Born in 1926 in Quimper (France)
Died in 2022 in Paris (France)
When a body of work acquires a certain standing, or even recognition, it inevitably becomes a subject for exegesis. No more linear narratives. No more chronological unity. To subject a work to interpretation is to sketch out new perspectives for understanding. To constantly replay its contents. It is to underscore its complexity. It is to show that oneness is multiple and contradictory, and that its richness lies precisely in the complexity and dilemmas that it addresses. It was long said and thought that the work of Jacques Villeglé formed one indivisible whole; that, unlike the work of his friend Raymond Hains, it was quick to affirm itself as a homogeneous block that was less fragmented, less splintered. Further, it was seen as opposing a solution of continuity in this regard, whereas Hains’ oeuvre, on this view of things, always proceeded by ruptures and was constituted as a kind of archipelago or constellation – a rebus. The recent retrospective at the Pompidou Centre undeniably brought out a very different truth. Villeglé’s work could now be seen in all its diversity, offering multiple angles of analysis and exploration. There were, of course, torn posters aplenty, but also the Alphabets, the film, the writing, and even the early sculptures. Villeglé emerged not as an artist with one action, one gesture that he reiterated and repeated over the years, but as an experimenter, a describer – a “recycler,” to paraphrase Pierre Restany. “A recycler of other people’s work, a recycler of urban, industrial and commercial reality” who, for Restany, represented the essence of the movement he championed in 1960, but also a recycler of himself. And this is no doubt one of the defining things about Villeglé’s art: the fact that he became a recycler of his own work, which he envisaged as a substance to be endlessly kneaded, reshaped and reformulated.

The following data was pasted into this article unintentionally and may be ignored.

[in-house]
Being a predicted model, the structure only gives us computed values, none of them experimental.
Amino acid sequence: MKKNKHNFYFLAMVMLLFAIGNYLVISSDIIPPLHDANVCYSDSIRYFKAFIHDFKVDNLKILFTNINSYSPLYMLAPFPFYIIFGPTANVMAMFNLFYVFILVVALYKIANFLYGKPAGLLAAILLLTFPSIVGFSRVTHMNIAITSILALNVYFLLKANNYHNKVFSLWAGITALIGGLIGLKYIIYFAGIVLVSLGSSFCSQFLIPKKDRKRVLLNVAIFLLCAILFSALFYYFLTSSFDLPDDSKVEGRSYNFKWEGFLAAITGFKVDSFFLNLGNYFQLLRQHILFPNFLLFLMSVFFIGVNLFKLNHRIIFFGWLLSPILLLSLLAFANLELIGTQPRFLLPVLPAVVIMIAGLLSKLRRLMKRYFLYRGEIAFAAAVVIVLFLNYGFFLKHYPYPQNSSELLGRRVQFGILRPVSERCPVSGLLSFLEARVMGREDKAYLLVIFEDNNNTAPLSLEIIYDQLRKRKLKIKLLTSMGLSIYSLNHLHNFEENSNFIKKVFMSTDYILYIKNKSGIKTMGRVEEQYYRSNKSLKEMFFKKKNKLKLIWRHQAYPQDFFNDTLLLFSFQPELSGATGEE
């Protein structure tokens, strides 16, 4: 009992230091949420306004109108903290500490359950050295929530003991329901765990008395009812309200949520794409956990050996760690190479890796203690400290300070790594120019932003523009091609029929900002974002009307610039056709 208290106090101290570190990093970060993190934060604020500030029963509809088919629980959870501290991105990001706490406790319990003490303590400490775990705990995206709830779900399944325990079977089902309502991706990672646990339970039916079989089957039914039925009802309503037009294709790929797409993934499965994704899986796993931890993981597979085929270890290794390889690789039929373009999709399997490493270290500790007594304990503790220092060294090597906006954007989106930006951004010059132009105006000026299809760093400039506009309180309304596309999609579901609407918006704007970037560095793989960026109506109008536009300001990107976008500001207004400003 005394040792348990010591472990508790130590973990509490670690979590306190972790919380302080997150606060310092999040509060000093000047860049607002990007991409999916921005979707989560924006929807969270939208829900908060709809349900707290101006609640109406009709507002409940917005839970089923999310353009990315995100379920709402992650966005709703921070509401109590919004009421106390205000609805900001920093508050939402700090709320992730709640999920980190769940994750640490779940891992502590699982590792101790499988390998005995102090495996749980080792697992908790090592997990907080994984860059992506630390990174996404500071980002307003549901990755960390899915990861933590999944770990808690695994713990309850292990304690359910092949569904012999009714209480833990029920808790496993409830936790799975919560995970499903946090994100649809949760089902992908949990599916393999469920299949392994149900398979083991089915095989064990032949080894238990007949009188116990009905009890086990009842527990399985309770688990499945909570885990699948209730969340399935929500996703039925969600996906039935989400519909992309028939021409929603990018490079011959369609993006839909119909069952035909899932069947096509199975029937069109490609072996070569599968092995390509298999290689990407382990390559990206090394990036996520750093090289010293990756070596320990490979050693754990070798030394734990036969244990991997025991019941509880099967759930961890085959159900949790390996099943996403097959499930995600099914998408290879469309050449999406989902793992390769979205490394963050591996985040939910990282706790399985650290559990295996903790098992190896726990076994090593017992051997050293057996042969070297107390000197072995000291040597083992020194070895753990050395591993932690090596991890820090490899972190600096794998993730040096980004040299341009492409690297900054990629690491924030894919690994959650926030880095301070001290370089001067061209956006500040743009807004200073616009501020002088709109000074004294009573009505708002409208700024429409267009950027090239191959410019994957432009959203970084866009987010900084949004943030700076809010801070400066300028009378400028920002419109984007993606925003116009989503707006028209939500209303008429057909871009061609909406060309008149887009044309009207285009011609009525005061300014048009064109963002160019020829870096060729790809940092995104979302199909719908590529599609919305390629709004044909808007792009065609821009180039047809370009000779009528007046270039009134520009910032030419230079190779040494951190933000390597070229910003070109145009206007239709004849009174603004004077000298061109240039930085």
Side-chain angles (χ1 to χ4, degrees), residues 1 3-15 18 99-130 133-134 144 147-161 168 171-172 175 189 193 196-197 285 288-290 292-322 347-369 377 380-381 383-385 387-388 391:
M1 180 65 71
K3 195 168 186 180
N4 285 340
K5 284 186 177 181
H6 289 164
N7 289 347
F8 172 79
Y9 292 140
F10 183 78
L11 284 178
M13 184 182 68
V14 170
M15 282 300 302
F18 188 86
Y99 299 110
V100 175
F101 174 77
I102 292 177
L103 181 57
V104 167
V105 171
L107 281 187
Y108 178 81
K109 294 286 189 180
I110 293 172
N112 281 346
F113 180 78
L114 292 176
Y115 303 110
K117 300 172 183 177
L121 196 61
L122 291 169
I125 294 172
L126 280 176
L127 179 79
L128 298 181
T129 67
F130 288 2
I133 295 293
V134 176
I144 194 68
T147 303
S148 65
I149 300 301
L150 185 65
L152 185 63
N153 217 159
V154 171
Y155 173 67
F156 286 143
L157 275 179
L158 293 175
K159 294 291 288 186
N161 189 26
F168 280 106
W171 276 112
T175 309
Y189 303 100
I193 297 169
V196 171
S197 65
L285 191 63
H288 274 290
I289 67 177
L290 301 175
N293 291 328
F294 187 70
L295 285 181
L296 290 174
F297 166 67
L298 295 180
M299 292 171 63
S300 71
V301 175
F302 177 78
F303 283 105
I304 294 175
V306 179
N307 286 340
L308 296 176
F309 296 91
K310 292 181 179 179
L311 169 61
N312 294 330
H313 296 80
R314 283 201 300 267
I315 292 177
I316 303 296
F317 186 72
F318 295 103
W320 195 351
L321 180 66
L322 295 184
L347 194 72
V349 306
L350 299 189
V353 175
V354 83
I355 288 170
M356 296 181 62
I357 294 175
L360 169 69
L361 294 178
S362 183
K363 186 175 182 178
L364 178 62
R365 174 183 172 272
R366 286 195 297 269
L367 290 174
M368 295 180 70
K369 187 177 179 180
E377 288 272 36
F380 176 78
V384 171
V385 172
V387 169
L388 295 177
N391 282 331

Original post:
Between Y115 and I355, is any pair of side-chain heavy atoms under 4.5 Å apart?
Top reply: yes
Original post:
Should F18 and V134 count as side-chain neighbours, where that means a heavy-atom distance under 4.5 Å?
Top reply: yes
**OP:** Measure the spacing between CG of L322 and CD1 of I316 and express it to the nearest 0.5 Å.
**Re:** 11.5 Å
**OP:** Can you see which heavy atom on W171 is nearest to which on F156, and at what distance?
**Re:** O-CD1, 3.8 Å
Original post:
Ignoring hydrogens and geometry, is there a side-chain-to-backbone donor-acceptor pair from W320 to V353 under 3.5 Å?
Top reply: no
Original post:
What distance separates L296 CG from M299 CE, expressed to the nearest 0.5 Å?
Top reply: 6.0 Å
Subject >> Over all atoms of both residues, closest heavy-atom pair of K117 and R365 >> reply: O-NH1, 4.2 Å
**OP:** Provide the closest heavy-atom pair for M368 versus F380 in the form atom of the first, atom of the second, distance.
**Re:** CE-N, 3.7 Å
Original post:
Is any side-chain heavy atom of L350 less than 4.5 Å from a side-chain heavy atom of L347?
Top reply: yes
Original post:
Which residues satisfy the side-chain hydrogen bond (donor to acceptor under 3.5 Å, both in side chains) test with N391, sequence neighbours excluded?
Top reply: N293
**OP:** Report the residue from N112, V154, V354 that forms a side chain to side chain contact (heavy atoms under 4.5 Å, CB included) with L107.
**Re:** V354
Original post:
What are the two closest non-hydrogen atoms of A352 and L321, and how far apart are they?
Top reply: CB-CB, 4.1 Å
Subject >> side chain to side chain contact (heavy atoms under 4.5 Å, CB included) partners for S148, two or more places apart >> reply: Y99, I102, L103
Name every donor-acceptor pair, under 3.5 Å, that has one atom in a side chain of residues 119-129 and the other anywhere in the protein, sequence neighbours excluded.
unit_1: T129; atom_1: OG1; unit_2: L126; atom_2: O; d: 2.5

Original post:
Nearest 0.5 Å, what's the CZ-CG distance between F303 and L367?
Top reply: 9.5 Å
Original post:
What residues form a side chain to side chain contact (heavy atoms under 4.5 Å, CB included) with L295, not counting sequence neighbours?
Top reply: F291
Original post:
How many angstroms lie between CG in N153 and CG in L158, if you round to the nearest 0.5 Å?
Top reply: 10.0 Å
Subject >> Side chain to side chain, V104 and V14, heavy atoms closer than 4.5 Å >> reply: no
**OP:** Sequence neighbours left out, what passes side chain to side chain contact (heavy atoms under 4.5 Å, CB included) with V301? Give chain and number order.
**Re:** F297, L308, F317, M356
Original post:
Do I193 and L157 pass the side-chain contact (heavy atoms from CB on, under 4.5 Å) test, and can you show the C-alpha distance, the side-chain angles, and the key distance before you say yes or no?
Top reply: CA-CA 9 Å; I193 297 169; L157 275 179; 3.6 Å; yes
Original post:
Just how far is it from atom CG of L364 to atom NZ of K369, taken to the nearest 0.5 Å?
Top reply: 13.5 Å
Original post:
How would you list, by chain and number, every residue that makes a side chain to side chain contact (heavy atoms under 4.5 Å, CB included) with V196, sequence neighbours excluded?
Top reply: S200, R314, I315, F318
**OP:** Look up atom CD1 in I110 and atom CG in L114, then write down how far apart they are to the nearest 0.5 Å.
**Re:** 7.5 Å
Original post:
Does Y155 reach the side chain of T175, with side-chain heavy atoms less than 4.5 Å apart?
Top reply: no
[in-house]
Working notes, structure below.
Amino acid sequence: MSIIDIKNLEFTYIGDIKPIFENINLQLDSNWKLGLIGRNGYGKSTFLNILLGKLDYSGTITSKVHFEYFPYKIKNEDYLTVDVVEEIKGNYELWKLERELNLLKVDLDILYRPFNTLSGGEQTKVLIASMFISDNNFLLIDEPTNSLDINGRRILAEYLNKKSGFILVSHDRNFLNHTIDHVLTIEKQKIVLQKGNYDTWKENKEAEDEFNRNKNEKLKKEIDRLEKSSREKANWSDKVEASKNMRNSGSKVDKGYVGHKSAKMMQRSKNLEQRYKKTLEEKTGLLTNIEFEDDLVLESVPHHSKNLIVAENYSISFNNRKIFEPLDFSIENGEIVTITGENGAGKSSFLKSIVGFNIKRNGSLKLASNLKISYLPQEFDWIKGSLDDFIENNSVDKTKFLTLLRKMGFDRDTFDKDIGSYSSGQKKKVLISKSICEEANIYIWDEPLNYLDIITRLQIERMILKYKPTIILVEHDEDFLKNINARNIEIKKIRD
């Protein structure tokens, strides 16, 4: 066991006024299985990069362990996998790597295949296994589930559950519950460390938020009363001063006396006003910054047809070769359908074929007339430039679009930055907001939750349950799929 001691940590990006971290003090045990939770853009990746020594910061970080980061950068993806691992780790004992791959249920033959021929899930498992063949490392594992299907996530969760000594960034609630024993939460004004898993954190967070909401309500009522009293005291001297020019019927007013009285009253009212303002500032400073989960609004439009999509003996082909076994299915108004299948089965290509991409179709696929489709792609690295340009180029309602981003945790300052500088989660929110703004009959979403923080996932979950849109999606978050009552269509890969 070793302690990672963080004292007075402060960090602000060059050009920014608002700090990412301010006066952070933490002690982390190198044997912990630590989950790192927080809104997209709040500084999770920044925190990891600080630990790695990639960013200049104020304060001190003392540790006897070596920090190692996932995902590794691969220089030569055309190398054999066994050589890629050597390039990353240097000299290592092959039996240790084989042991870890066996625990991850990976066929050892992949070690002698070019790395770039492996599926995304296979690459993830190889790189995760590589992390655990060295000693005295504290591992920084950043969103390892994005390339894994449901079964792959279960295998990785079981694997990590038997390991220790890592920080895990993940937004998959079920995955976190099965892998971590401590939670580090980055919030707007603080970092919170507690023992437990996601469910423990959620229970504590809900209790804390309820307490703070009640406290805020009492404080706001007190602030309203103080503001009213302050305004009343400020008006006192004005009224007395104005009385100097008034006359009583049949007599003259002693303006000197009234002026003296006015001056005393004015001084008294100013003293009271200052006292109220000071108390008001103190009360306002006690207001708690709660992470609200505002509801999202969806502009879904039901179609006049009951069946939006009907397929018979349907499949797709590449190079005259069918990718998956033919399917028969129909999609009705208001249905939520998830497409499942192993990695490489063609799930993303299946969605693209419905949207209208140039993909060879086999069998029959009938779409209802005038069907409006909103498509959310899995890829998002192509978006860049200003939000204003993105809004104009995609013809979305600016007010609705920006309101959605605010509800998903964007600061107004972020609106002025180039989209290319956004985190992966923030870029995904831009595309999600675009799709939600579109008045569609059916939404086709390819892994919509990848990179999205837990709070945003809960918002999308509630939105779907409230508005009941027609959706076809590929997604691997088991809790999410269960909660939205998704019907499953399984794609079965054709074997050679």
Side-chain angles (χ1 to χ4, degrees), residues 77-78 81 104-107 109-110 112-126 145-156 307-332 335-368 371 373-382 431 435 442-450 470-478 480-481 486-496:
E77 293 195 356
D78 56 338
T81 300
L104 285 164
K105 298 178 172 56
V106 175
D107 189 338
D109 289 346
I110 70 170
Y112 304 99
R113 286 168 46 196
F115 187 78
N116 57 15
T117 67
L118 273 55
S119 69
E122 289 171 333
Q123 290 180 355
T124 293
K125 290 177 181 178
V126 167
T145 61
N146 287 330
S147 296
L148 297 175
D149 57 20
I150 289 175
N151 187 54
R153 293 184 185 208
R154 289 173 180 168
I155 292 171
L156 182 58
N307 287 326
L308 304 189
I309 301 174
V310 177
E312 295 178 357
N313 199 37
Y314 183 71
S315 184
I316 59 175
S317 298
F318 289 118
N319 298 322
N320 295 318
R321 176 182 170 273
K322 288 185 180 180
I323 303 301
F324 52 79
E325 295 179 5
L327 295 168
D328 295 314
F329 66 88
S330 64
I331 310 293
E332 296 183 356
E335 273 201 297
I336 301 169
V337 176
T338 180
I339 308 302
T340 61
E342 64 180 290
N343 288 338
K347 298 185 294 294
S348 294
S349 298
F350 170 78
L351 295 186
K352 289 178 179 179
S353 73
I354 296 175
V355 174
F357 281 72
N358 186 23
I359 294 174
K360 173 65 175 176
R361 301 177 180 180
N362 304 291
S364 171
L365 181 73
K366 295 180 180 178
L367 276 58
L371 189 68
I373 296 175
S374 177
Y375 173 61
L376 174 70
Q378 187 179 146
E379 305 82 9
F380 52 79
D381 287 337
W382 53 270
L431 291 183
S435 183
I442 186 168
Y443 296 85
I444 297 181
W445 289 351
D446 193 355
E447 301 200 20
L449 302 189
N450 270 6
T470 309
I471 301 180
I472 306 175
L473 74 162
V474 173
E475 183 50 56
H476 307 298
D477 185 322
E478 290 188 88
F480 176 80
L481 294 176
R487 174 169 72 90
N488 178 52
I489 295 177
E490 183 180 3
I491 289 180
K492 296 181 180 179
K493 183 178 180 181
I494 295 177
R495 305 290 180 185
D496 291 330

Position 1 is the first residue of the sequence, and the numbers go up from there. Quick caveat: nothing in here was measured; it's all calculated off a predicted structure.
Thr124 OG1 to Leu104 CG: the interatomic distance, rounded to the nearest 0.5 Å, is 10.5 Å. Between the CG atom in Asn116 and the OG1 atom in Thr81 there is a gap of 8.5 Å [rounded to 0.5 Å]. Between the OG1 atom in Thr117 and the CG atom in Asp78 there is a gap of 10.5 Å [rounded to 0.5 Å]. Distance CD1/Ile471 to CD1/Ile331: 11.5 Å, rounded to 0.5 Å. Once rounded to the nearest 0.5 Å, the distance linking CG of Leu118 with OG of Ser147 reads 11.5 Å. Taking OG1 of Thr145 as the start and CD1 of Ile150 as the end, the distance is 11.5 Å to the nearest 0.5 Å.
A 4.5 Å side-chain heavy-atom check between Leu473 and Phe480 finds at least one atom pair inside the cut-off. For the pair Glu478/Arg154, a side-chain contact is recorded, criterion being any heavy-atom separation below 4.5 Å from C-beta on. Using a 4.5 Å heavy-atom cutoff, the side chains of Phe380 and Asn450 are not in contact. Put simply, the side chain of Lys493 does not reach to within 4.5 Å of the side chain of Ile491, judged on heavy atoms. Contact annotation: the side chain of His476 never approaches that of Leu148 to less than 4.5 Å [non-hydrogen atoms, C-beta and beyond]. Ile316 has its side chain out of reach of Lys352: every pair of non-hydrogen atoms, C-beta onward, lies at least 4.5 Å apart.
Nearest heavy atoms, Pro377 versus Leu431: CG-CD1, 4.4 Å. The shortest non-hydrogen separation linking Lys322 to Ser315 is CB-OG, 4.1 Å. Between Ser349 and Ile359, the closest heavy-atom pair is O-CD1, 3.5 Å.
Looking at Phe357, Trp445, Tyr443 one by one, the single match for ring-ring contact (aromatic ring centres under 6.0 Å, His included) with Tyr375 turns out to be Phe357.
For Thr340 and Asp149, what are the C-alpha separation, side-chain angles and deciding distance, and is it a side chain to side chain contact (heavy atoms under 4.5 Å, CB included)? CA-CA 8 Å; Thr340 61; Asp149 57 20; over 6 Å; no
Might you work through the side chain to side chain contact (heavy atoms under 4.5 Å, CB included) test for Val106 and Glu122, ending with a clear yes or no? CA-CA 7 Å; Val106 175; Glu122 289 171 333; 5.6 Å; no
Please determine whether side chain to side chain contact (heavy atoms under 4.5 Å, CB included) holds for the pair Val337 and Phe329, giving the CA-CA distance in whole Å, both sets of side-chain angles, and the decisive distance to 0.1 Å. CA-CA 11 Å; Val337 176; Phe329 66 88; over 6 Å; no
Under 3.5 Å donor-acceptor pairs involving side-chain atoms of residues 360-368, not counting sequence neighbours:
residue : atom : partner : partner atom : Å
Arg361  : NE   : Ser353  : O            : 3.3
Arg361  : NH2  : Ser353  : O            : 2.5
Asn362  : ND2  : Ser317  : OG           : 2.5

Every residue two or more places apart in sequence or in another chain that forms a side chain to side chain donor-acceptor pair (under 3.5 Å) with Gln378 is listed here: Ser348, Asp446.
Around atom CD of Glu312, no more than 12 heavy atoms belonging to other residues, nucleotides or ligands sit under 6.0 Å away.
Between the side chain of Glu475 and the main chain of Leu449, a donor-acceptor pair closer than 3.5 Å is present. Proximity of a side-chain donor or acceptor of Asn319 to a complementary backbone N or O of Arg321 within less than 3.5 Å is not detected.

Extract of « La Peinture dans la Non Peinture : le dilemme de Jacques Villeglé », Bernard Blistène, in exh. cat. La Peinture dans la Non Peinture, ed. Galerie GP & N Vallois, Paris (2010)